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Letter: The cost of doing nothing

['Wire stringing on the transmission line crossing the Churchill River at the Muskrat Falls site in Labrador.']
Wire stringing on the transmission line crossing the Churchill River at the Muskrat Falls site in Labrador. — File photo

In 1968, I could fill up my mid-size car for $5. I have a much smaller car today, which I filled up with gas recently; it cost me $65.

Fifty years have passed since. In inflationary terms, gasoline increased at the rate of 5.25 per cent per year. This is typical of fossil fuel prices over an extended period of time. They increase at a faster rate than the consumer price index inflation rate, which the Bank of Canada attempts to keep to two per cent per year.

Muskrat Falls project is not a short-term project. It is built to last 50 years

Looking at the cost of operating the Holyrood generating plant (See my Aug. 27 letter, “Goodbye Holyrood and hello Muskrat”) — assuming the Muskrat Falls generating plant did not exist — the current cost of oil used by the Holyrood plant is about $270 million annually. The latter figure assumes the cost of oil is $61.40 per barrel and the plant is operating 67 per cent of the time. With passage of time, the above annual cost of oil will increase and not necessarily in a linear fashion. The cost of doing nothing would have increased electricity rates in the years ahead as the cost of oil increases.

For example, if the cost of oil increases to $65 per barrel, the annual cost of oil to feed the Holyrood plant increases to $286 million. If the cost of oil increases to $70 per barrel, the annual cost of oil to feed the Holyrood plant increases to $308 million.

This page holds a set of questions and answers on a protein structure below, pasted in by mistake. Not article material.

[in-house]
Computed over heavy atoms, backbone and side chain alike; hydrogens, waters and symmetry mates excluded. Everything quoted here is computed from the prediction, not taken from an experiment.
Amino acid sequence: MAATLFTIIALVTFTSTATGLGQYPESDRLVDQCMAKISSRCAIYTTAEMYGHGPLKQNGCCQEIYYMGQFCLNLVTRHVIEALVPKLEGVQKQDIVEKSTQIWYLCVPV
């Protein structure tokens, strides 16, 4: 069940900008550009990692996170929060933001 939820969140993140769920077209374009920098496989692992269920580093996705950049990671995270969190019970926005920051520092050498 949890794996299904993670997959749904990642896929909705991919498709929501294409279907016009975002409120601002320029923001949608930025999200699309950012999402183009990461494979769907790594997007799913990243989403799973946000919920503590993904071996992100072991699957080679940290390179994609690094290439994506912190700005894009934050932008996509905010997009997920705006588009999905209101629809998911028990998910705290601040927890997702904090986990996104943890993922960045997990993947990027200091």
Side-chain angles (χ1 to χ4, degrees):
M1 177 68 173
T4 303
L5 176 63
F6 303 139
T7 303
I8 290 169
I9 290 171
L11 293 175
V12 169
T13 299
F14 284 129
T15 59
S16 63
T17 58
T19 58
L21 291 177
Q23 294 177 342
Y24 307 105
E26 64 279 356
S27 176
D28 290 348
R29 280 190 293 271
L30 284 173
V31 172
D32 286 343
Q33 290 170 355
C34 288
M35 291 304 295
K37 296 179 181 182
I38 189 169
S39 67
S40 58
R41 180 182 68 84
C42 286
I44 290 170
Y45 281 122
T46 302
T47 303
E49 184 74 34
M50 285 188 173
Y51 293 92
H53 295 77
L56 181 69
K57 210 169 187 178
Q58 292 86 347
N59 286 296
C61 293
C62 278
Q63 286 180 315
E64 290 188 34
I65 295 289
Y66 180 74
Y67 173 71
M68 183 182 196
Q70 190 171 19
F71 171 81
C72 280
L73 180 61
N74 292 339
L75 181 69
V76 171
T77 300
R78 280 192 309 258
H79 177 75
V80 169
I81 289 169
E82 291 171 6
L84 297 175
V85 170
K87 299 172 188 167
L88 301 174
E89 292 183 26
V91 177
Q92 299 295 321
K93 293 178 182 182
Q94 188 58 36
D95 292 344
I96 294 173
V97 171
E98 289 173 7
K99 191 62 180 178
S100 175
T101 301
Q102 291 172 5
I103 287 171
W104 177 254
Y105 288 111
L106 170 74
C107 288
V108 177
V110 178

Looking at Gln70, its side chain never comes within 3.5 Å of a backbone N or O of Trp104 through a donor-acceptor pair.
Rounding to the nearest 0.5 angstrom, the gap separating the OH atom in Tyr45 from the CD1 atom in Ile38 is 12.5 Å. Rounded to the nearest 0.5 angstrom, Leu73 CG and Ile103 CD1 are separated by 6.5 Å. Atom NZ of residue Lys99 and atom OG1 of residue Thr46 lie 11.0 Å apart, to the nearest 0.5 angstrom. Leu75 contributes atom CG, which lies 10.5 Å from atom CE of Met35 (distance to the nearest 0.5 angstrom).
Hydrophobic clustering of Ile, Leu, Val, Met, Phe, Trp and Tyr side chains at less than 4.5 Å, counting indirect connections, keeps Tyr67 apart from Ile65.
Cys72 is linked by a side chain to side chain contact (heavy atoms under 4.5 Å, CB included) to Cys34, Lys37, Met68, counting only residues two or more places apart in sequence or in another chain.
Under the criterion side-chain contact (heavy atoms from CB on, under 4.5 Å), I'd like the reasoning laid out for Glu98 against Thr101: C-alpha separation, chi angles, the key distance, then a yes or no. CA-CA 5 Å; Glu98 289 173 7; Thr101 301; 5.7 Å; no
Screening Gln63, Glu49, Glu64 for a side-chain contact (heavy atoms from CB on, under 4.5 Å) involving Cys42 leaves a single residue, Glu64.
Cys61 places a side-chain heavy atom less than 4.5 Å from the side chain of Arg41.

The cost of financing Muskrat Falls plant (including transmission lines) is about $444 million, assuming a capital cost of $12.7 billion at 3.5 per cent interest.

When the province shifts to Muskrat Falls power, the province will be saving a minimum of $270 million annually. Hence the Muskrat Falls power is costing the province, currently, the difference — in other words, $174 million ($444 million less $270 million). This amount will only decrease over time and eventually become positive. Note also that as the price of oil increases, oil royalties will increase and Muskrat Falls power plant will become an increasing positive asset to the province.

Muskrat Falls project is not a short-term project. It is built to last 50 years. If the price of fossil fuels continues to increase at the rate of 5.25 per cent per year, as it has in the last 50 years, the annual cost of oil to operate the Holyrood plant 50 years hence will be $3.51 billion, the cost of doing nothing.

The provincial government has made the right decision not to increase electricity rates as a result of a transfer of electricity from Holyrood plant to Muskrat Falls plant.

Ian McMaster

St. John’s

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